Trees can talk.
Out of sight, some tree roots use an underground network of fungi to trade water and nutrients, or even to send defence signals warning of pests and disease.
Older ‘mother’ trees nurse seedlings as they rise above the shaded understory. Dying trees send out nutrients to give the young a fighting chance.
Even some trees of different species can connect, though even the best-connected ‘mother’ trees tend to favour their kin.
Haida Gwaii may be next in line for the ‘Mother Tree Project’ — a major study that will test some of the ways forestry practices might be re-designed in light of such findings. In a landmark paper by University of British Columbia’s Suzanne Simard, the journal Nature called it the “wood-wide web.”
Speaking to a crowd that packed the gym bleachers at Gudangaay Tlaats’gaa Naay on April 11, Simard said her early work was inspired by a 1983 lab study that used pine seedlings growing in glass boxes to show how water can move tree-to-tree over threads of mycorrhizal fungi — the same fungal networks that sprout mushrooms. She has spent 25 years on the subject.
“I think that a lot of people laughed at this study at first,” said Simard, who once struggled to get funding to show similar connections in an actual forest.
“It’s kind of weird. It’s not how we usually think of plants.”
Co-funded by UBC, the Ministry of Forests, major forestry companies and others, the study so far includes 10 sites up and down interior B.C., but Simard said they hope to add coastal sites here on Haida Gwaii and near Bella Bella.
Anticipating climate change, the project includes a range of climactic regions, and will test tree seeds from warmer areas as well as seeds the B.C. forest service hopes will improve productivity.
While Simard and others made several key findings about trees and fungal networks in the 1990s, she said the research is still pretty much ignored in B.C.’s forestry industry.
“Foresters don’t think this way,” said Simard, who grew up in a logging family in the Monashee Mountains and began her own career as a forester tasked with regrowing clearcuts.
“They think of trees as individuals, and plant them in squares and rows,” she said.
For example, Simard showed an aerial photo taken over a former old-growth spruce forest in northeast B.C. that was cut and re-planted with a single species: lodgepole pine.
The picture shows a perfect rectangle of red trees surrounded by green. It’s a block of second-growth pine that was wiped out entirely by the mountain pine beetle.
“We take out all these patches of trees, plant one or two or three species, and pretend that it’s going to grow well,” said Simard.
“What if it doesn’t, actually, because we’re not treating them as complex ecosystems?”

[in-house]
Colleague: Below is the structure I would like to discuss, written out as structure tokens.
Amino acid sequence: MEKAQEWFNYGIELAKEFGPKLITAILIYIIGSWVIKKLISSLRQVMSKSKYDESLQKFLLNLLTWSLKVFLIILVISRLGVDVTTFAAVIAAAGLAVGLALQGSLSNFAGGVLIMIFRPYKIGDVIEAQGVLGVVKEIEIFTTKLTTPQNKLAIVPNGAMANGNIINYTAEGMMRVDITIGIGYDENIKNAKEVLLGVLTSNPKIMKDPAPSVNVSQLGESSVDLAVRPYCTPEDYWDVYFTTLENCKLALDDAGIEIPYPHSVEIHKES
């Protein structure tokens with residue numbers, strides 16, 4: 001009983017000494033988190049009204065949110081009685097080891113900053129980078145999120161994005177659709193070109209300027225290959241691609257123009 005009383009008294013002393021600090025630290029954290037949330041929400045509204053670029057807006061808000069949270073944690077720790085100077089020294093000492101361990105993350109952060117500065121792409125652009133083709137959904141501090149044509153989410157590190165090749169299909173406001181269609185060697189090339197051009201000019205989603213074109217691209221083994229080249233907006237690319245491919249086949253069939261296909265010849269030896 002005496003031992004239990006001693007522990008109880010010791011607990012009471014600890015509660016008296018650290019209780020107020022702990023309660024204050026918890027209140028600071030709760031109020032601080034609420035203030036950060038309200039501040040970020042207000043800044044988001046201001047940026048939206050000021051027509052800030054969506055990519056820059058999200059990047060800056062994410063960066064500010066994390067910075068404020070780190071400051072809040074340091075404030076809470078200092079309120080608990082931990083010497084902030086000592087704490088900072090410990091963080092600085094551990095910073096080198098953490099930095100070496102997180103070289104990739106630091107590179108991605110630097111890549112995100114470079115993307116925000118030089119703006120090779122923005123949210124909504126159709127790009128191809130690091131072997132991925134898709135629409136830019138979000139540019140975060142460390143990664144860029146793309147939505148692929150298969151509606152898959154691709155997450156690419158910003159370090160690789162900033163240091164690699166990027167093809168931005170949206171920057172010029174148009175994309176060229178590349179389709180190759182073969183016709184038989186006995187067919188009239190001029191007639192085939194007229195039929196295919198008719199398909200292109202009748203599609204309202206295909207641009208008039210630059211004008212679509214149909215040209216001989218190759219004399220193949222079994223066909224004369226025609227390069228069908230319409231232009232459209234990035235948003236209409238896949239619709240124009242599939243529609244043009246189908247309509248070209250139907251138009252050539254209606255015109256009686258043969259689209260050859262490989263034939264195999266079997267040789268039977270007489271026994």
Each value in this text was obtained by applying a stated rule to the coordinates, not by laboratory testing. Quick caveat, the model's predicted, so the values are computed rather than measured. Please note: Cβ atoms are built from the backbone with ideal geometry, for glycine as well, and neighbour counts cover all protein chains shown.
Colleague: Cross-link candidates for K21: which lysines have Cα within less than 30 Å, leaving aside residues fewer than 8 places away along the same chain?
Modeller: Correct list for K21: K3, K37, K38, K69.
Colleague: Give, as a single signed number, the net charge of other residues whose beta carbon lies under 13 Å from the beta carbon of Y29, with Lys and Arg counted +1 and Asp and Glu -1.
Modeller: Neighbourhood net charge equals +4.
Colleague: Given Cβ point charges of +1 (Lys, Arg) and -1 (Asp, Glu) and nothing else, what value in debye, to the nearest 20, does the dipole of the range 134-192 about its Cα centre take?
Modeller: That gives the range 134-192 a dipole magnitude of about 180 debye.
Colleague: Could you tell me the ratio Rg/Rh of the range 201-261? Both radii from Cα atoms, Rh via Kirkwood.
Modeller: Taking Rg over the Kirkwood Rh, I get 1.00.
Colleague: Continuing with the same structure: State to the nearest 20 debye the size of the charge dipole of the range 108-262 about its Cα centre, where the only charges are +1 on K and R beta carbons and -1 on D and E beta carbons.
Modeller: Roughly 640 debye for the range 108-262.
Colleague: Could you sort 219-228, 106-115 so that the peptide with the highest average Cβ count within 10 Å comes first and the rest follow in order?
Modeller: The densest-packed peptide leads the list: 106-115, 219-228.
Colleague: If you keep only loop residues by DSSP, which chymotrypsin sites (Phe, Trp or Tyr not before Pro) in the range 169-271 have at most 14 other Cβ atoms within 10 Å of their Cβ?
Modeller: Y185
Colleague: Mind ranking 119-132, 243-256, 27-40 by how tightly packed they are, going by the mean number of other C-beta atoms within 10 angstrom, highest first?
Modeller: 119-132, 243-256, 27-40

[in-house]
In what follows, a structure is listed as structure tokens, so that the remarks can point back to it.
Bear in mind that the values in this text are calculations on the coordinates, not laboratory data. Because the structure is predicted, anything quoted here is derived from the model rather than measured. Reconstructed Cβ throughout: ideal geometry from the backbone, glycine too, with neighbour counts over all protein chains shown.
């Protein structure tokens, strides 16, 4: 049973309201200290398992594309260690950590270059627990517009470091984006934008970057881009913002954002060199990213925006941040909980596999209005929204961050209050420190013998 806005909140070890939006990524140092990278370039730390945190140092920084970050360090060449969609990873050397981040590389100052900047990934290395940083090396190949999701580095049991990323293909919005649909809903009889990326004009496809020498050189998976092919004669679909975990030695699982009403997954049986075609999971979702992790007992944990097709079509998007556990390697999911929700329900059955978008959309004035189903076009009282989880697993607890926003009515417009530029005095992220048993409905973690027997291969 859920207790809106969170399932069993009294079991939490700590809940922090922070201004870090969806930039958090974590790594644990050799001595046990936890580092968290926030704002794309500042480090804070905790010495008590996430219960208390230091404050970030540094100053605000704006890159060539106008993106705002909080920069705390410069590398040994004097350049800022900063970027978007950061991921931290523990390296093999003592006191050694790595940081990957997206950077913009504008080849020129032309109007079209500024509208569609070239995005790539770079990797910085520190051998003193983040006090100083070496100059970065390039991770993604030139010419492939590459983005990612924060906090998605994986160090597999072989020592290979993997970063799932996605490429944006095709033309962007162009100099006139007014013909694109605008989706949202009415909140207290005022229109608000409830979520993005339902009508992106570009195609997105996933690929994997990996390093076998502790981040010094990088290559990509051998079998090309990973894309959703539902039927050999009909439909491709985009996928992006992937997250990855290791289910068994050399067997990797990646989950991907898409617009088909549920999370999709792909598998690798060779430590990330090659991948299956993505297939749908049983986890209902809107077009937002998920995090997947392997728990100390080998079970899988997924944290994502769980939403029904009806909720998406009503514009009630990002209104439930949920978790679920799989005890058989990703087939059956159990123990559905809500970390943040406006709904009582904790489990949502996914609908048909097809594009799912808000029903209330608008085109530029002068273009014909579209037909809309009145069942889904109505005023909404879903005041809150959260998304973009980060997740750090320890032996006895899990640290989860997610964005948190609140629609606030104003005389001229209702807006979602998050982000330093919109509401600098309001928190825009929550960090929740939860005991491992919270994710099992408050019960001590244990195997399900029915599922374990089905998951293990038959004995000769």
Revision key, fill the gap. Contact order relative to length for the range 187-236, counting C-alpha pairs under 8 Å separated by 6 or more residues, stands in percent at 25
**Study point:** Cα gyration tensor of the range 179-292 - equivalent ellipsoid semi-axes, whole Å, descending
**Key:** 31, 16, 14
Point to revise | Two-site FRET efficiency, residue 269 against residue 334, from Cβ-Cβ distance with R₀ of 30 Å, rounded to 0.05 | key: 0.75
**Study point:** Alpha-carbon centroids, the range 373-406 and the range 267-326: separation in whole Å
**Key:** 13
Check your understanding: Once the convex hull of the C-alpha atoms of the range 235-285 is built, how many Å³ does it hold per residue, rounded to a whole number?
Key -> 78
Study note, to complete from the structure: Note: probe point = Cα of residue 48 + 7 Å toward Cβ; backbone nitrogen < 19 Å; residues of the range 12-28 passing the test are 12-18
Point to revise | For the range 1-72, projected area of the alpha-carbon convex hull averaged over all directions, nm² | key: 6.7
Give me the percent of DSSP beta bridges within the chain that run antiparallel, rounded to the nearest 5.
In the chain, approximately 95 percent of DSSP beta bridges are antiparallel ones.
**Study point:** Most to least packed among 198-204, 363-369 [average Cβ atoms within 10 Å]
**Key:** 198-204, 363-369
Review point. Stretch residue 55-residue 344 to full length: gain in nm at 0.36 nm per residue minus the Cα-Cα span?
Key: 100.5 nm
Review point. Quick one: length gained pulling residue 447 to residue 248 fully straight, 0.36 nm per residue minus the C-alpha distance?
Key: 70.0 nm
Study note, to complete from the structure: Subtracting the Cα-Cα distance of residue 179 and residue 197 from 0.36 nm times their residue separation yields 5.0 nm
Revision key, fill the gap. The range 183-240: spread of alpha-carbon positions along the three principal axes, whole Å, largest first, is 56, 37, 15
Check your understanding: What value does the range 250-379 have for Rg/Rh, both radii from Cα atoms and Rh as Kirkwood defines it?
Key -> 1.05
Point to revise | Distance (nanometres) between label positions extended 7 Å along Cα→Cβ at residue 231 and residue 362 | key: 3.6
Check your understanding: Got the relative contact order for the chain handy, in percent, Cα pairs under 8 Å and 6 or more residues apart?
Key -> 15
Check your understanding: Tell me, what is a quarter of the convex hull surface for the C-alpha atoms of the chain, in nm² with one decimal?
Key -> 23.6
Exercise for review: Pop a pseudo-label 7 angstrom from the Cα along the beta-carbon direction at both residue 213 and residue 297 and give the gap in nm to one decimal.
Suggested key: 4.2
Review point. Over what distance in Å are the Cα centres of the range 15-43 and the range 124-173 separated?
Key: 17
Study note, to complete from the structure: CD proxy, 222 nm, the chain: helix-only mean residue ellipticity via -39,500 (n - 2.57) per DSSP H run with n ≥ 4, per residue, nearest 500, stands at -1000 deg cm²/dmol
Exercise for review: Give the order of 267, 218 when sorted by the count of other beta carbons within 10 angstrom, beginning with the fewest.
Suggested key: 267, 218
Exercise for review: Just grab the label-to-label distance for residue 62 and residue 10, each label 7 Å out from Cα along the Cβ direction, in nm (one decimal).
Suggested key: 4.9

Had foresters mixed in more trees species, or left some of the larger, well-connected ‘mother’ trees in place, Simard said the forest might have had a better chance.
One of her key studies showed that trees send more carbon, nitrogen, and water to neighbouring trees under stress.
Another study looked at how even trees of different species, such as Douglas fir and ponderosa pine, use fungal networks to send biochemical signals for making terpenes — the disease- and pest-fighting compounds that form the active ingredient in turpentine.
Across B.C., the mountain pine beetle epidemic has killed 18 million hectares of forest, which is a huge area nearly the size of Oregon. The response was to quickly salvage as much of the beetle-killed wood as possible.
“I’ve always been really concerned about that,” said Simard.
“I’m wondering if we are shooting ourselves in the foot by cutting down dying trees before they are able to pass on their legacy, or their carbon, to other seedlings in the understory.”
In the fledgling area of “complexity science,” Simard pointed out echoes of indigenous ecological knowledge.
Teresa Ryan, Smhayetsk, spoke before Simard about how, over millennia, cultures of indigenous peoples such as her own Tsimshian Nation became interconnected with local ecologies.
A researcher and policy advisor in resource management, Ryan spoke about the complex system of clans and house groups that controlled watersheds and tributaries, and adapted in times of scarcity to avoid a concentrated impact.
Ryan also gave the example of the stone fishing weirs used by Heiltsuk and other coastal First Nations that passively limited the salmon catch, allowing enough to return upstream to spawn.
The legacy of such fishing practices is taking on new significance given other new scientific findings that show how much nitrogen in coastal forests is actually derived from the fish carcasses hauled up by bears and other predators — in one B.C. study, Ryan pointed out, researchers found a Sitka spruce with 80 per cent marine-derived nitrogen.
Simard said that despite such findings, B.C. forestry practice still tends to treat the land as a series of disconnected parts. Science is only beginning to understand just how deeply people shape forest ecosystems.
Still, Simard said discovering that the above-ground forest is often just half the picture has caught much attention, not only from researchers, but also the wider public.
“There’s a great deal of public awareness around this new discovery, and a great deal of hope, at least in me, that we can change the way we are [managing] our forestry to take this kind of community effect into account,” she said.